When writing about whisky, there are times when aromas and flavours are challengingly stubborn to try to describe. They might be a little unformed and unfocussed, they might straddle two or more different aromas and flavours – making honing in tricky. Or they might simply just be ‘funky’. There are a few distillates which are often described as possessing a ‘funk’ about them. In my view, the word is bandied around all too often – usually when the writer is having an moment of inability to adequately describe something. Nevertheless, ‘funk’ can have meaning when defined in context.
Let me bookend this by highlighting the obvious – everyone’s palate is different. But similarly, individuals have a varying aptitude for describing their personal palates. Some can be highly florid – utilising a near human thesaurus of adjectives. Others more primitive, but no less effective. And yet, no matter the capacities and propensities, there are always aromas and flavours which have a certain je ne sais quoi. But, ‘funk’ shouldn’t simply be used to paper over an anomalous tasting note.
To my mind ‘funkiness’ is not necessarily identical across distillate styles. In terms of Ben Nevis, I’d ascribe it to seemingly random notes of cured and cooked meats alongside rancio and an interplay between sweet and sour. A strange combination which when on paper doesn’t sound like it should harmonise, but often, in the case of the liquid itself does.
Where does this funk derive from? I’m not sure you’ll get a definitive answer on that one. But to my mind, a lot of early flavour creation occurs long before maturation, or even distillation. It occurs during fermentation. Ben Nevis is one of very few distilleries utilising brewer’s yeast. This widely considered more characterful yeast ferments slower and less efficiently than distiller’s yeast – hence why, in this age of efficiency it does not see wider adoption. But, its impact on flavour formation has already been studied - check out this 1994 paper.
The short of it – brewer’s yeast resulted in both larger volumes of ethyl esters (carproate, caprylate, caprate and laurate) as well as long-chain fatty acids – both of which assist in the growth of lactic acid bacteria in fermentation. These impact a greater proportion of sweeter ester-driven flavours, but also are attributed to sour, wort-like flavours – quite possiblly, once distillation and maturation have taken place the precursor of the mysterious funk.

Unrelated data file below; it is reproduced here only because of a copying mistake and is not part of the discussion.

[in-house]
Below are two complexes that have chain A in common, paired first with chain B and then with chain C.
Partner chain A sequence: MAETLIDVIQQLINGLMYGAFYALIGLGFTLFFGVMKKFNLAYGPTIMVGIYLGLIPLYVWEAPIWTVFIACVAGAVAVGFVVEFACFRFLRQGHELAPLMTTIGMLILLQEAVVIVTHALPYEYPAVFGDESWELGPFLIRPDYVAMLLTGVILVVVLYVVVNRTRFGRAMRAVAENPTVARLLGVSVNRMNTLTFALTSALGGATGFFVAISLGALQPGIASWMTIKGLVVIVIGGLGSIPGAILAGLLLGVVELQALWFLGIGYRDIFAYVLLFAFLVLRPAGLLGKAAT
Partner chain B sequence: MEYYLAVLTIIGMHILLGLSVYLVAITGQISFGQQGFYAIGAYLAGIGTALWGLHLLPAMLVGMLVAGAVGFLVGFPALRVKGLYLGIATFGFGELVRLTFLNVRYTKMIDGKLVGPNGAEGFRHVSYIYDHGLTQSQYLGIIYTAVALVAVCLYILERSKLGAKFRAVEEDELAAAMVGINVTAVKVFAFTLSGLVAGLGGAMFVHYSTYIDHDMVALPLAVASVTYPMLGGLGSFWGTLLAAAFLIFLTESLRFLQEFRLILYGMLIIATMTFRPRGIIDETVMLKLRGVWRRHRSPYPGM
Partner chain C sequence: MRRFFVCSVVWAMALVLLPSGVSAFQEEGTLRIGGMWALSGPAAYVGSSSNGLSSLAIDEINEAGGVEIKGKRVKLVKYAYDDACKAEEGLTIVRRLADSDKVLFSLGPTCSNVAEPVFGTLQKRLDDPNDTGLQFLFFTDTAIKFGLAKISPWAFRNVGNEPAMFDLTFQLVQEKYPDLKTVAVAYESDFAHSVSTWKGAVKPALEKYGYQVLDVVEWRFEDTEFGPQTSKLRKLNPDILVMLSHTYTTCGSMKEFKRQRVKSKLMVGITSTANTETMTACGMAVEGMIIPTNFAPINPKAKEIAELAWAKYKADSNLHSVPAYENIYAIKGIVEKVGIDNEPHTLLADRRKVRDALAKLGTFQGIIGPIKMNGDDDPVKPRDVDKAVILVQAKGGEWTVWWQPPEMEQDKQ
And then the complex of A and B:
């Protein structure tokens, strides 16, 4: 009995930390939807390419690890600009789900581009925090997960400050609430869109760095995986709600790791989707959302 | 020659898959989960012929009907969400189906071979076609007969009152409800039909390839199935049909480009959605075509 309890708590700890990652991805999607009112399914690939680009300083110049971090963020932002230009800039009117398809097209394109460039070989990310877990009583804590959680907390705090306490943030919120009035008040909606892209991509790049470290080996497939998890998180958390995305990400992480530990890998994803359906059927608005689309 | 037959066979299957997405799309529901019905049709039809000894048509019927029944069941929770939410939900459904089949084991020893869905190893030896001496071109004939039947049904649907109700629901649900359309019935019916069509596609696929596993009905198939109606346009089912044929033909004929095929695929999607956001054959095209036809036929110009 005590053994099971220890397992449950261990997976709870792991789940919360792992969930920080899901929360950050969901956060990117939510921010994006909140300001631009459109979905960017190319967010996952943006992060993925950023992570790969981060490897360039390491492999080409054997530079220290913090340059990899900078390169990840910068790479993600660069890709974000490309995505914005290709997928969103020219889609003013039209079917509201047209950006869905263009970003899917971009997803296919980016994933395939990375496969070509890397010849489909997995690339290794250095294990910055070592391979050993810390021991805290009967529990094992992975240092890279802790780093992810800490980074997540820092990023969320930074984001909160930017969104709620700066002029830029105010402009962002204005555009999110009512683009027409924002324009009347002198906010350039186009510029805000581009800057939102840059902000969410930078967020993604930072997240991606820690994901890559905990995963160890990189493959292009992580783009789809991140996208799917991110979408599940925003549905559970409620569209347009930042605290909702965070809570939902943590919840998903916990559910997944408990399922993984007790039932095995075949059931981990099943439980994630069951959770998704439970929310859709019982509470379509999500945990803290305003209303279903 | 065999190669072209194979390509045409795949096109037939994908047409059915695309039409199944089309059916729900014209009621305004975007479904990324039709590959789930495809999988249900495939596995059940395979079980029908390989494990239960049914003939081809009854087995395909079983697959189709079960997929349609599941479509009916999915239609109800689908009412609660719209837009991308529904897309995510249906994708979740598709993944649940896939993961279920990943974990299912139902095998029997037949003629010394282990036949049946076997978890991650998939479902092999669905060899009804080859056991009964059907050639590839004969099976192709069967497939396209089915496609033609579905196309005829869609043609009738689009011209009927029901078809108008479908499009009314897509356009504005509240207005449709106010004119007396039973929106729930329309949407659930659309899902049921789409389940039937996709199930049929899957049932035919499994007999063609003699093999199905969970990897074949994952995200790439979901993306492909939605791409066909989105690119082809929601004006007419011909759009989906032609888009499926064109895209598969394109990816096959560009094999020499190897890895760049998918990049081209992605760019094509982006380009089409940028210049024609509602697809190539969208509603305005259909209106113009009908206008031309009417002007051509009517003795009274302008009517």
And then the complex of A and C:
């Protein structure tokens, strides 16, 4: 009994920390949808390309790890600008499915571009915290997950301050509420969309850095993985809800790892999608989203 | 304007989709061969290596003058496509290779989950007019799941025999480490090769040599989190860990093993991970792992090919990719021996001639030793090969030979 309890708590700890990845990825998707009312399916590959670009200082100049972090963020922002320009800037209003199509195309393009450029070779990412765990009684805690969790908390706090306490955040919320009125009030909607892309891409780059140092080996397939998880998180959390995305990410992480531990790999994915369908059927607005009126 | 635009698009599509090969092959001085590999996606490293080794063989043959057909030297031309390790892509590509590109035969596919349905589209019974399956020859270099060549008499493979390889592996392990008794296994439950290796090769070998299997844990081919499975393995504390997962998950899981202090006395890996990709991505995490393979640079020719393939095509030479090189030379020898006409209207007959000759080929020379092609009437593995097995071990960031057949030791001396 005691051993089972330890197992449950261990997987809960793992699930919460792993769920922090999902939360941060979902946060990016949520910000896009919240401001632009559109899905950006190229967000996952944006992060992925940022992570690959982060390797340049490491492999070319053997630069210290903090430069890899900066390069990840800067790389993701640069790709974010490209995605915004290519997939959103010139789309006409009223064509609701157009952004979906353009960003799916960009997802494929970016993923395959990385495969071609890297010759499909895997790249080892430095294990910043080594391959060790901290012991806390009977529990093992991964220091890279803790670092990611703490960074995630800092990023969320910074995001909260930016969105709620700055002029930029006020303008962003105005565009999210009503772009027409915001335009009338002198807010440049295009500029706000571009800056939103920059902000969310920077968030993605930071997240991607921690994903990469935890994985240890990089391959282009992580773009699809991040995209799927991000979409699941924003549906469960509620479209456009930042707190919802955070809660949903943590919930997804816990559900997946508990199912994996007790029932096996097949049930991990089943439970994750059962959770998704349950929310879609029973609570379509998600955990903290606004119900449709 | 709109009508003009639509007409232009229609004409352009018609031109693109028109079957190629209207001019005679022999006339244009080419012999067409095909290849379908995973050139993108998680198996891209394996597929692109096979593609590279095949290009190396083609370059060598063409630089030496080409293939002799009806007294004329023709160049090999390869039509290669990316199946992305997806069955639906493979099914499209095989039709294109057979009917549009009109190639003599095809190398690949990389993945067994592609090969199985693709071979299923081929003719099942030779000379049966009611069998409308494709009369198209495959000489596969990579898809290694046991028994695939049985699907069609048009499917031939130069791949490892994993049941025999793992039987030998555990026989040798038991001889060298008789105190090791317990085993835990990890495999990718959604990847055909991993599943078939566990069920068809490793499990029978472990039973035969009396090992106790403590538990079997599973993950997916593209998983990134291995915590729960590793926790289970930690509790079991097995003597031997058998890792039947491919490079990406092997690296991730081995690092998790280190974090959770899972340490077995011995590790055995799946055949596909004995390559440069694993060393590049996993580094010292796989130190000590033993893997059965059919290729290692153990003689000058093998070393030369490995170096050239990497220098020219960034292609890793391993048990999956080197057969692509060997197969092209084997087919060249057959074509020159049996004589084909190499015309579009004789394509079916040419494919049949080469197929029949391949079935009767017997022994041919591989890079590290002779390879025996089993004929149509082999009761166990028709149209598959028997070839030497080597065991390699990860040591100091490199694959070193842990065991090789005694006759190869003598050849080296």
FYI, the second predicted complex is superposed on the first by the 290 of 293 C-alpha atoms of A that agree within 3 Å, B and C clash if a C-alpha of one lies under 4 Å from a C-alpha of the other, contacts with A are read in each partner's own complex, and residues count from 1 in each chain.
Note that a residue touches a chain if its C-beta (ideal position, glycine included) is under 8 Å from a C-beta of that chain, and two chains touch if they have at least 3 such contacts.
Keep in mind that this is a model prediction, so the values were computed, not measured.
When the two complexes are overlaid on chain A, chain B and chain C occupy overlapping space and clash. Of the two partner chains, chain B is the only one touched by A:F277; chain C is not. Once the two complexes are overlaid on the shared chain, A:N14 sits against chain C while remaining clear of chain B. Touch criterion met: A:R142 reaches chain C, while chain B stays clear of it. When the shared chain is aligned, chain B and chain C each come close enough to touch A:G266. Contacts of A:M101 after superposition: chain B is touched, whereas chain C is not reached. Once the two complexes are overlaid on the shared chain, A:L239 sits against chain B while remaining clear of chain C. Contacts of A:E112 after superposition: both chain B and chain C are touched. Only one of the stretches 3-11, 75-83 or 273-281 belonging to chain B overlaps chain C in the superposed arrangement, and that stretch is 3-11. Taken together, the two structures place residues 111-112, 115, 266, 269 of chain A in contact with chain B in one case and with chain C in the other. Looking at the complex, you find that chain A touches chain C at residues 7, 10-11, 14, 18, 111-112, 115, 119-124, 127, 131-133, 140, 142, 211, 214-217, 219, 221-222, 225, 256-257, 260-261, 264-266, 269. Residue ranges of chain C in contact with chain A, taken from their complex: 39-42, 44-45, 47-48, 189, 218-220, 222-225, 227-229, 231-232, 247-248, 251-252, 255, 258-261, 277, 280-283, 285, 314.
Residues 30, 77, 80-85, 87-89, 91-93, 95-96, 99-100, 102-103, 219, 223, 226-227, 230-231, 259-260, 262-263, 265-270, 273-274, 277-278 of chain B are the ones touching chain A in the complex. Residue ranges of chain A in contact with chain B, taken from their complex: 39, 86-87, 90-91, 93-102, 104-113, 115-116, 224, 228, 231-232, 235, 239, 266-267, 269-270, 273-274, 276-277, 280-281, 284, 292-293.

The penultimate dram in the 2019 Boutique-y Whisky 2019 Advent calendar offers us our second visit to Ben Nevis (Door 13 – 23 year old Batch 10 being one of our favourites from this year’s calendar). This time we’re presented with 21 year old batch 8 – which has spent its life slumbering in ex-oloroso casks. 931 bottles have been produced at an ABV of 48.9%. They’ll set you back £147.95 from Master of Malt.
Nose: Immediate chocolate gateaux – dense cocoa sponge packed full of dried cherries, raspberries and cranberries, and with a jammy plum preserve running through the middle. Additional richness from sherry trifle sits with cherry brandy, liquorice, chocolate bonbons and walnut oil. Water expresses overt oloroso – alongside Eton mess and rich tea biscuits.
Taste: Fruit-forward. Assorted berries sit with an array of tropicals – blackcurrants, blackberries maraschino cherries and raspberries (all quite jammy) with mango slices and pineapple chunks on top. Chocolate is never far behind – rich, dark and sauce-like. It sits with chopped almonds, cookie dough and polished new leather. Dilution softens things up with unfined brown sugars, a touch of creaminess, whilst fruits start to interplay between sweet and sour.
Finish: Medium to long with yet more chocolate, berry liqueurs and old oak dryness.
Ben Nevis 21 year old Batch 8 is both chocolate and fruit focussed – whilst the oloroso sherry hasn’t dominated the spirit entirely, it has certainly left its mark throughout. It’s rather the chimera – not a full on sherry bomb – not a particular funky little number either. Nevertheless, sitting somewhere in between suits this two-decade old Nevis – it’s really very enjoyable stuff.